This review of “The Ghost Writer” credits the concept of the movie. A ghost writer replaces another writer hired to pen the autobiography of the former Prime Minister of Great Britain. Unabashedly linked to real life PM Tony Blair, this thriller comes packed with contemporary ethical issues, like extraordinary rendition and water boarding. The new ghost writer discovers frightening clues to why his predecessor is removed. Simultaneously, the PM finds himself the target of an international criminal investigation and media ire.
From the opening scenes, you know something mysterious and ominous has happened. So, when the writer (Ewan McGregor, fine performance) is suddenly rushed into a plum job as a ghost writer for a Tony Blair-type retired British Prime Minister (played by Pierce Brosnan), you begin to realize that the hero has just got himself into something bad, something beyond his job. He finds out that there had been a previous ghost writer, whose body we see at the start of the film. And as he meets the PM’s wife and staff, he becomes aware that there are secrets. In his work, he discovers a secret, but doesn’t know how important it is, at first. But his curiosity gets the best of him, and this turns into a “Chinatown”-like mystery, with surprises. However, I was a bit turned off by this supposedly taking place in Massachusetts, but it is obviously filmed in Europe.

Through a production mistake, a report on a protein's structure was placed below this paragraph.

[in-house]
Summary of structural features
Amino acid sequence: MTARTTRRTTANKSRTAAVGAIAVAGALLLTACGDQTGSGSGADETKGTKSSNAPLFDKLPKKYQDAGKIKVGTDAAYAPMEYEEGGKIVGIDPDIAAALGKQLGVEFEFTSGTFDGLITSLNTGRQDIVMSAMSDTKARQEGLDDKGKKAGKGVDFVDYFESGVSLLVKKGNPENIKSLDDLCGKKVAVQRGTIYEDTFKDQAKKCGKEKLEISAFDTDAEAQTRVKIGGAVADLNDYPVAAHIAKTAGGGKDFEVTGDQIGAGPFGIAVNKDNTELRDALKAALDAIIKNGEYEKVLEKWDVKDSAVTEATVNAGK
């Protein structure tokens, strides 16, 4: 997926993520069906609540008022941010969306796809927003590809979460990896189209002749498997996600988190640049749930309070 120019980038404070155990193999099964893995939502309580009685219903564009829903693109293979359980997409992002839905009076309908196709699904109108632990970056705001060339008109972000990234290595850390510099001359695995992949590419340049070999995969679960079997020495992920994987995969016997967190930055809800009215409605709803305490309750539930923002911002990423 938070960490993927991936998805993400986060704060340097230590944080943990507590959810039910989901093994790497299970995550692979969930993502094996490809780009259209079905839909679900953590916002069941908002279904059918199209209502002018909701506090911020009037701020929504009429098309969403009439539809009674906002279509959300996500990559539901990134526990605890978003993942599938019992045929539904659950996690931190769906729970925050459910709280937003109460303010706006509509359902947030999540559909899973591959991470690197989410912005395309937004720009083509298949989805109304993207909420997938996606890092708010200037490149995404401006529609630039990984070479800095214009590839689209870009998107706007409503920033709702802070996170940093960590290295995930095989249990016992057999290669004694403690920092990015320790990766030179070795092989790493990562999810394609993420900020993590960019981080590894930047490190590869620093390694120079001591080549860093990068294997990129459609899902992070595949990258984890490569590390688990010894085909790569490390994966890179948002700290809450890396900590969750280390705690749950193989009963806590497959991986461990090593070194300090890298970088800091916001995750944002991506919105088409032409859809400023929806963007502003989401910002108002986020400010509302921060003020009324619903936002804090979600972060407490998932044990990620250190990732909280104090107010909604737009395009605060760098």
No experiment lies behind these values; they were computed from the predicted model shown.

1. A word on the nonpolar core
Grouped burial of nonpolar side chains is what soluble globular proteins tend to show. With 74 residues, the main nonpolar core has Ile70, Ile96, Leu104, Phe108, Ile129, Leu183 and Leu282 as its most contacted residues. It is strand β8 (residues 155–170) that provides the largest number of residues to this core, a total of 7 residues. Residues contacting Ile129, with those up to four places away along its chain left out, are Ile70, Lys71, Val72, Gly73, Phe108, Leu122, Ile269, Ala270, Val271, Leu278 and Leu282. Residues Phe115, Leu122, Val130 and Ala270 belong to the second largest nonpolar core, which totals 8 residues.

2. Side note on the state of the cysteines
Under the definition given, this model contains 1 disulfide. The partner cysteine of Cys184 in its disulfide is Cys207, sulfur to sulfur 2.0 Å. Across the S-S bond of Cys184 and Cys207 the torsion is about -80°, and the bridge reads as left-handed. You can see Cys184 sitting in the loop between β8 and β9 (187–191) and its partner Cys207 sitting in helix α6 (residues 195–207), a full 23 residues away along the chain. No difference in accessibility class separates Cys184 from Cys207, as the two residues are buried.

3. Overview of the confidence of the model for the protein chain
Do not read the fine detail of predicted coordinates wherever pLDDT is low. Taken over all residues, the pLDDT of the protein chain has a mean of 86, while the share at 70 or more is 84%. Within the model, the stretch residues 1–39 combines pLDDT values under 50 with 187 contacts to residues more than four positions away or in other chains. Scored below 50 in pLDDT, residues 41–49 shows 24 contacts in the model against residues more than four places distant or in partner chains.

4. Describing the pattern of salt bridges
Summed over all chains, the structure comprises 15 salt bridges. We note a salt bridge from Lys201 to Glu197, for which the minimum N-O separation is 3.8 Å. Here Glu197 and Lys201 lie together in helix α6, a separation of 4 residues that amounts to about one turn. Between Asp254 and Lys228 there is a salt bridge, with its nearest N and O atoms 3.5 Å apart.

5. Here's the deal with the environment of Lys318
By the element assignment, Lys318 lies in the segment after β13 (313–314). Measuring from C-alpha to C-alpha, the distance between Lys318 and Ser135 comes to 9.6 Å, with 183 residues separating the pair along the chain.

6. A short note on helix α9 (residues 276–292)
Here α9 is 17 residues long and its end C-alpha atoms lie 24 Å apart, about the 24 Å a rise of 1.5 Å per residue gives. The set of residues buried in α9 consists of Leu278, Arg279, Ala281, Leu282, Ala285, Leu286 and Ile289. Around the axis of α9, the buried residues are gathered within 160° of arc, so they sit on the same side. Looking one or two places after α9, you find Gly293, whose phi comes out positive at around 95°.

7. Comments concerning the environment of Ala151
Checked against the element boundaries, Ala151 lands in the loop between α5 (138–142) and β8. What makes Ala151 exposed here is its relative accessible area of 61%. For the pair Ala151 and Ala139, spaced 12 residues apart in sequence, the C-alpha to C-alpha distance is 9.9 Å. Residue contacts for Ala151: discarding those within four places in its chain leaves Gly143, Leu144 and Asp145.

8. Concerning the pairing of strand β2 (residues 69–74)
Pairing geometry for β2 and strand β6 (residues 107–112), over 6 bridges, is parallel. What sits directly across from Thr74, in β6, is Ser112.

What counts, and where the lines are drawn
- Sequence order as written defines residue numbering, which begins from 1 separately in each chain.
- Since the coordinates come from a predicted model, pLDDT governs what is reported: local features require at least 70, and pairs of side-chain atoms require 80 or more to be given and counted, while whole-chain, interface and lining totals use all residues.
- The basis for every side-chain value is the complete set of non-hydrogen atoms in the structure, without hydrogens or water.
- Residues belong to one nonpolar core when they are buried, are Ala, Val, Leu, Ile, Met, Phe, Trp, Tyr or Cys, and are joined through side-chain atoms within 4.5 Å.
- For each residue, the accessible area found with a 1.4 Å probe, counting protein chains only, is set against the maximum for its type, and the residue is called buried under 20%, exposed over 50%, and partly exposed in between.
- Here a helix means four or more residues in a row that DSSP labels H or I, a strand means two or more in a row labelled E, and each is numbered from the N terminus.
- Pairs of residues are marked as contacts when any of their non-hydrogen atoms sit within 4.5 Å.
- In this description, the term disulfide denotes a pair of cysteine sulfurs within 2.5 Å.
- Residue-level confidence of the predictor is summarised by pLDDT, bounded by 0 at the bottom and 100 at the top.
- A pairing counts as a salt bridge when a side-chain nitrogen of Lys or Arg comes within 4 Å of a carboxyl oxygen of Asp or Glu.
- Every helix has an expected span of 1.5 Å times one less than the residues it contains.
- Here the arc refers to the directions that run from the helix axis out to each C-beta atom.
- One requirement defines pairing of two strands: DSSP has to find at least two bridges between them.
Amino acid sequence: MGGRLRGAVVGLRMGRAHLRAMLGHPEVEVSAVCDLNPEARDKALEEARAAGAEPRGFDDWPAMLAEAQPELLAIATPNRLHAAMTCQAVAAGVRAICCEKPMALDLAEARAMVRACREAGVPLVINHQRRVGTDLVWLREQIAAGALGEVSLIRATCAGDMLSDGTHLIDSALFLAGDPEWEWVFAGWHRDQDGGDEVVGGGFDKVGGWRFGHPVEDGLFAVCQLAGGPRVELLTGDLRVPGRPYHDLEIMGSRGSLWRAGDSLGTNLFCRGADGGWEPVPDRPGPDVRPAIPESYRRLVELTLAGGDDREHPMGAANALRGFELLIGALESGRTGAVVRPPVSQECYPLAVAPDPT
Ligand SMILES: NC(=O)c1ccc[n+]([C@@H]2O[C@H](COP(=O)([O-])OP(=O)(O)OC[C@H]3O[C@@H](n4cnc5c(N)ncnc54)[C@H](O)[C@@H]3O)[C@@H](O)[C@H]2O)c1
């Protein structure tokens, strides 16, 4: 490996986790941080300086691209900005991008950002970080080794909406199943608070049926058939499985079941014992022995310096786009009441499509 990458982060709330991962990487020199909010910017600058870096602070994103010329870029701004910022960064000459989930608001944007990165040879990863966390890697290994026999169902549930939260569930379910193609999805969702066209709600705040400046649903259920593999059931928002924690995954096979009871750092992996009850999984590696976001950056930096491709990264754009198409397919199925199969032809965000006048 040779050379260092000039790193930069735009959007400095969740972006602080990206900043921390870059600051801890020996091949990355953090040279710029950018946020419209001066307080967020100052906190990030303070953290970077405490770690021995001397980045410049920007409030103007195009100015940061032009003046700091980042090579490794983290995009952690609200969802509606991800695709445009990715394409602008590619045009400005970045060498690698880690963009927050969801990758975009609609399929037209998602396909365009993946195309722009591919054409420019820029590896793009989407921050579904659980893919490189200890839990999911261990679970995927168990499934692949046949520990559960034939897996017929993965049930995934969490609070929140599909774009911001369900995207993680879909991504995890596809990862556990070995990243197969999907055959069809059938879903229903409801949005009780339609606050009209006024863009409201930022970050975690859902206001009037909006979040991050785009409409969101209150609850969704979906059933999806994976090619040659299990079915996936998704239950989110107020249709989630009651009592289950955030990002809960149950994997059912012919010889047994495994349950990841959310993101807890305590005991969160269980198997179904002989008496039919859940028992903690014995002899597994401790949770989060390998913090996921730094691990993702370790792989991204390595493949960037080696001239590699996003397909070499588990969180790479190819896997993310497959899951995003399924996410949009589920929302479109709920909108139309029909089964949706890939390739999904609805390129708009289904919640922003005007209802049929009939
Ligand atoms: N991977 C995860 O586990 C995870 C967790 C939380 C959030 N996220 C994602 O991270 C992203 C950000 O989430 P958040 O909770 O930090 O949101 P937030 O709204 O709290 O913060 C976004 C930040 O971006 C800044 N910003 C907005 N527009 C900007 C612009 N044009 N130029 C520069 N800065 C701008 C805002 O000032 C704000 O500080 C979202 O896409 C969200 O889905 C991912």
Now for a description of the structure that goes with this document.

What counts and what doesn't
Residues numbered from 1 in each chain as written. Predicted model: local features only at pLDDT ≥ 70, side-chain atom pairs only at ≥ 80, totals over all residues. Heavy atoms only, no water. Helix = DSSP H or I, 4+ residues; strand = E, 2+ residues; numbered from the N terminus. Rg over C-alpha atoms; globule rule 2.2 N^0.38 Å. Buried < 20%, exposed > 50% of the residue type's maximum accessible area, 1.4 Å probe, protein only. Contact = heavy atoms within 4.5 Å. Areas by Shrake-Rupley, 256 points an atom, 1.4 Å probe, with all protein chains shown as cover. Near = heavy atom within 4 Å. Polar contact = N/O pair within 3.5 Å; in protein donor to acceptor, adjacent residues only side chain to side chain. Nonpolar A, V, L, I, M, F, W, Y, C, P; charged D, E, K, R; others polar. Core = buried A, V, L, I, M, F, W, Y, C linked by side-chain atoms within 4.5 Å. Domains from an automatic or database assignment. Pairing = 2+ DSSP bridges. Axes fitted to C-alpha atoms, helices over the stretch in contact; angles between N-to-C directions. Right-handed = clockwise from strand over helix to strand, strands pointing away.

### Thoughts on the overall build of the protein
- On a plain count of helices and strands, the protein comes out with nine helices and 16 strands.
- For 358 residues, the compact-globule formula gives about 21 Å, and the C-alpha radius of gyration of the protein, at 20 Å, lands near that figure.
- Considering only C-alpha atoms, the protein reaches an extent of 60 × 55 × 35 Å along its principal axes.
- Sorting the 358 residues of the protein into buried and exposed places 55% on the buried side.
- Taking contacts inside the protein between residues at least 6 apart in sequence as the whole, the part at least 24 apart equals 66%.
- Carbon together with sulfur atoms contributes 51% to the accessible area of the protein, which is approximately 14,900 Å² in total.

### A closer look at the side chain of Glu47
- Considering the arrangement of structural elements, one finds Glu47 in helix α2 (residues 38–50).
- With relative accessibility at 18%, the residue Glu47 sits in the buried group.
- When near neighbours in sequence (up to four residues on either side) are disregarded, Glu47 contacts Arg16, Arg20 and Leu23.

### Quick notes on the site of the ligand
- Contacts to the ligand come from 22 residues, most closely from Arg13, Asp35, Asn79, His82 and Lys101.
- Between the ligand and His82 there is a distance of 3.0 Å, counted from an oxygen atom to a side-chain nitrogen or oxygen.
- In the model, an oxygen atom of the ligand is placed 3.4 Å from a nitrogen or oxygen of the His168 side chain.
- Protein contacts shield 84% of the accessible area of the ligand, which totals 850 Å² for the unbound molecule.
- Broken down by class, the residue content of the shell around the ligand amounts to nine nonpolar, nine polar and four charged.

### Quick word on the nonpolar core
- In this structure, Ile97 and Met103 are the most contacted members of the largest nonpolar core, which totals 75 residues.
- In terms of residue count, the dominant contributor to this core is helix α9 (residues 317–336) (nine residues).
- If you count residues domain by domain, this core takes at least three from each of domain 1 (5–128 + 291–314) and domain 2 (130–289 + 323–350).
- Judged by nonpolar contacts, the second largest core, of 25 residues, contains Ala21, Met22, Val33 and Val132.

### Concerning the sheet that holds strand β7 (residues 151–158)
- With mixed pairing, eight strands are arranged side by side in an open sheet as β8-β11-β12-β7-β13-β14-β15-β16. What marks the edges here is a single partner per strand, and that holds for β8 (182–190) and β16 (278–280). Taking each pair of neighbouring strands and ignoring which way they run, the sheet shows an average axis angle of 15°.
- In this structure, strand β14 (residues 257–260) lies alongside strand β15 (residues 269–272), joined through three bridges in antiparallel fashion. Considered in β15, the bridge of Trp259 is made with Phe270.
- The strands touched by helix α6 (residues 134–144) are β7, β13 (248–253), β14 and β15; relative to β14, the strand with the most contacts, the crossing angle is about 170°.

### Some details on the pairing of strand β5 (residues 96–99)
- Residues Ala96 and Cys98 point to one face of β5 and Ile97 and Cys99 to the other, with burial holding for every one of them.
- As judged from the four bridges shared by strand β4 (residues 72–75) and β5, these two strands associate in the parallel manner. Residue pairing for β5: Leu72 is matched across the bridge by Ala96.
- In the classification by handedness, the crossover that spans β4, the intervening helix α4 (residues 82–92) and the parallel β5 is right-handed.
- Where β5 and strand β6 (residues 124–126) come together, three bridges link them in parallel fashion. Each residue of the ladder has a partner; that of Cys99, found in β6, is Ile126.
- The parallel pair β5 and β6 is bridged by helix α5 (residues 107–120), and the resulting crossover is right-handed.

Director Polanski imbues the film the Ghost Writer with his trademark stunning visuals, making the luxury home, the New England weather, and a dog-eared script supplemental characters to the flick. But the drive of the film is nearly thwarted by some creative choices, such as an unconvincing and gratuitous sex scene and failure to occasionally break-up the overall gray mood. Check out both the interviews of Polanski and the real-reel writer Robert Harris for nice insights.
Although I liked the movie, I didn’t care for Polanski’s jab at American and British policy on terrorism. He had to substitute France or Germany for the American location if I read the credits right because he is subject to arrest if he sets foot in the USA for fleeing a serious charge. There are lots of plot twists and it is a good story if you can overlook the “terrorists have rights” theme.
Simple and subtle, this is how Polanski makes the film The Ghost Writer work. Much like Hitchcock, he takes a normal man and throws him into extraordinary circumstances. The acting is uniformly excellent, with McGregor serving as the audience’s surrogate. The Ghost Writer is beautifully shot, with terrific use of CGI. If you like cerebral thrillers with a touch of humor, you will like the movie The Ghost Writer.